A research team led by Sharon Curhan, MD, ScM, BWH Channing Division of Network Medicine, has found that a higher body mass index (BMI) and larger waist circumference are each associated with a higher risk of hearing loss, while a higher level of physical activity is associated with a lower risk of hearing loss in women.
“We often think of hearing loss as an inevitable part of the aging process, but these findings provide evidence that potentially modifiable risk factors, such as maintaining a healthy weight and staying physically active, may help in the prevention of hearing loss or delay its progression,” said Curhan, lead study author.
Using data from 68,421 women in the Nurses’ Health Study II who were followed from 1989 to 2009, researchers analyzed information on BMI, waist circumference, physical activity and self-reported hearing loss. The baseline and updated information were obtained through validated biennial questionnaires.
After adjusting for potential confounders, researchers found that the relative risk for hearing loss was 17 percent higher for women with a BMI of 30 to 34, 22 percent higher for a BMI 35 to 39, and 25 percent higher and for women with a BMI of 40 or more, when compared with those with a BMI of less than 25.
For waist circumference, compared with women with a waist circumference less than 71 centimeters (28 inches), the relative risk for hearing loss for those with a waist circumference of 80 to 88 centimeters was 11 percent higher and for those greater than 88 centimeters (35 inches or more) relative risk was 27 percent higher. The finding that larger waist circumference was associated independently with higher risk of hearing loss even after taking BMI into account, suggests that central adiposity may itself be a risk factor for hearing loss.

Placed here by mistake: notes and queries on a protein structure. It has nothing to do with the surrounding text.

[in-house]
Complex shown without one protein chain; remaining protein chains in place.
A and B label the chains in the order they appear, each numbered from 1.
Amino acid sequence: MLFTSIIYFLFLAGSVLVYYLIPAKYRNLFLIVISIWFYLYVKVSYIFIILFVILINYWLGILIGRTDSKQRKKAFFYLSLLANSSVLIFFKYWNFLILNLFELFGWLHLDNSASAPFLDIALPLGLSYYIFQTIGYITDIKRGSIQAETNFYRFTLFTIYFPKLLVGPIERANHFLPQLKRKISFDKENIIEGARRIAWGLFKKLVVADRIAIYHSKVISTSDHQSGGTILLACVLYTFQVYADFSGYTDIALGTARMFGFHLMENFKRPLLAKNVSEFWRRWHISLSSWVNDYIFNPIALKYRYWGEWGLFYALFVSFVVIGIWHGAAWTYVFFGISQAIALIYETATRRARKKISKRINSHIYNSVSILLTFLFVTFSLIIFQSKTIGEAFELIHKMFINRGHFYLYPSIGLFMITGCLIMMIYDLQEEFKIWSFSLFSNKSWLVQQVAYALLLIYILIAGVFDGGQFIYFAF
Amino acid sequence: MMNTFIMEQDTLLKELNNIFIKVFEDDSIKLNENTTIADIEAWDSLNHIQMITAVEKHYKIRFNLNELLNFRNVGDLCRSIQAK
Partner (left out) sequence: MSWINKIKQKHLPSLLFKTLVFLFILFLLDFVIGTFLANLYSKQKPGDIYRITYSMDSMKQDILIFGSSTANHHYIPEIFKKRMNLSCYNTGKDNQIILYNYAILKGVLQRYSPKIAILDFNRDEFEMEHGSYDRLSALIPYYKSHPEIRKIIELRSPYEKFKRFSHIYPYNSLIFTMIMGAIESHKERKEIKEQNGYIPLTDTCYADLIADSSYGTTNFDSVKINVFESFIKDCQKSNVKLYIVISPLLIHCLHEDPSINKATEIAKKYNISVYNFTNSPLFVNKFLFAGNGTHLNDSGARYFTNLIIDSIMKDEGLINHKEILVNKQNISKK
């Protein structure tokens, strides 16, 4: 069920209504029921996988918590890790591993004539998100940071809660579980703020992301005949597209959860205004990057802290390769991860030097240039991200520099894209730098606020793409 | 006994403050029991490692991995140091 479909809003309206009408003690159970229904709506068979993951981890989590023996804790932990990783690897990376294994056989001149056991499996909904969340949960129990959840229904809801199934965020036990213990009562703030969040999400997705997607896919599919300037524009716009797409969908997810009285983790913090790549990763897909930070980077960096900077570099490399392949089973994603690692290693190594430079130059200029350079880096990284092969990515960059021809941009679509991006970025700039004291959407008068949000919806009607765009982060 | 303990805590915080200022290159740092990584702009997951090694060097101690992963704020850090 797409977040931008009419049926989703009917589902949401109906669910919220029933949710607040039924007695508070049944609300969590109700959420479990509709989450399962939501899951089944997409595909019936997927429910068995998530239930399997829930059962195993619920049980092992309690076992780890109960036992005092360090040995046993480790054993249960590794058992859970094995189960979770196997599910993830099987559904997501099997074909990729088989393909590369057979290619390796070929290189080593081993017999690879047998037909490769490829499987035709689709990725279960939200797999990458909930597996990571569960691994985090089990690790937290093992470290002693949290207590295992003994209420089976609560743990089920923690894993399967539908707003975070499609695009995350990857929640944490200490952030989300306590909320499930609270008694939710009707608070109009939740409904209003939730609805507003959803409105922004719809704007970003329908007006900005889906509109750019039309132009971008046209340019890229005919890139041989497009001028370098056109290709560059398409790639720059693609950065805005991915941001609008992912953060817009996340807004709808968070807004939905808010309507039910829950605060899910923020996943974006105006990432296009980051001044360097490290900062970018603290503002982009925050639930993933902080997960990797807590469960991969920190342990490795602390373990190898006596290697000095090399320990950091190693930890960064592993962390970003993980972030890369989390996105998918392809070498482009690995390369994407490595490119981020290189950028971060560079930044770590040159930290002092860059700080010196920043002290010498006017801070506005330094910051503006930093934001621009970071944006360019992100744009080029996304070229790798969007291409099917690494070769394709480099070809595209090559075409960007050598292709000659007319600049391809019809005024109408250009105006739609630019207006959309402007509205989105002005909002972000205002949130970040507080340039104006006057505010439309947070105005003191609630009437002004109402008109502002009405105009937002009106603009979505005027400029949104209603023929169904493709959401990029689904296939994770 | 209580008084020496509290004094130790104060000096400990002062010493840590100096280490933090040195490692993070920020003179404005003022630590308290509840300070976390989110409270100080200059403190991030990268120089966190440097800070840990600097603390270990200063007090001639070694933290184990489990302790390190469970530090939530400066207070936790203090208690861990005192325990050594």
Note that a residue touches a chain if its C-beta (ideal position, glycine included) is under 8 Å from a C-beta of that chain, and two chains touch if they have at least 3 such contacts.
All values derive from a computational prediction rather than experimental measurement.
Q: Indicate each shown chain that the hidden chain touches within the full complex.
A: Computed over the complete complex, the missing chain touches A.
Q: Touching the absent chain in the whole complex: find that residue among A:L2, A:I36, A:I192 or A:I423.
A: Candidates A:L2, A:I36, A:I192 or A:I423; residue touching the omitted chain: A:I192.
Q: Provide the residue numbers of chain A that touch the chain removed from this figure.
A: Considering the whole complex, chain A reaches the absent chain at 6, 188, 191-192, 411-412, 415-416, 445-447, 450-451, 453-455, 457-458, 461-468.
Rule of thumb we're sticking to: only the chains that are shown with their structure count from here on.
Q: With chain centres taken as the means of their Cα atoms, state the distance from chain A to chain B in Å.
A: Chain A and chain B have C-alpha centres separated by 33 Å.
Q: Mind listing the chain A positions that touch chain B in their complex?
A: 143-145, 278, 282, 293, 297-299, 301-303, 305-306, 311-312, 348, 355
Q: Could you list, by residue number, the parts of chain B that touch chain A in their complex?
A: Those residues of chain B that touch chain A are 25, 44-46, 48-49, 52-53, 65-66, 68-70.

Researchers also found that a higher level of physical activity was associated with lower risk. After adjusting for BMI and other potential confounders, women who were the most physically active had a 17 percent lower risk of hearing loss compared with women who were the least physically active. Walking, which was the most common form of physical activity reported among these women, was associated with lower risk; walking two hours per week or more was associated with a 15 percent lower risk of hearing loss, compared with walking less than one hour per week.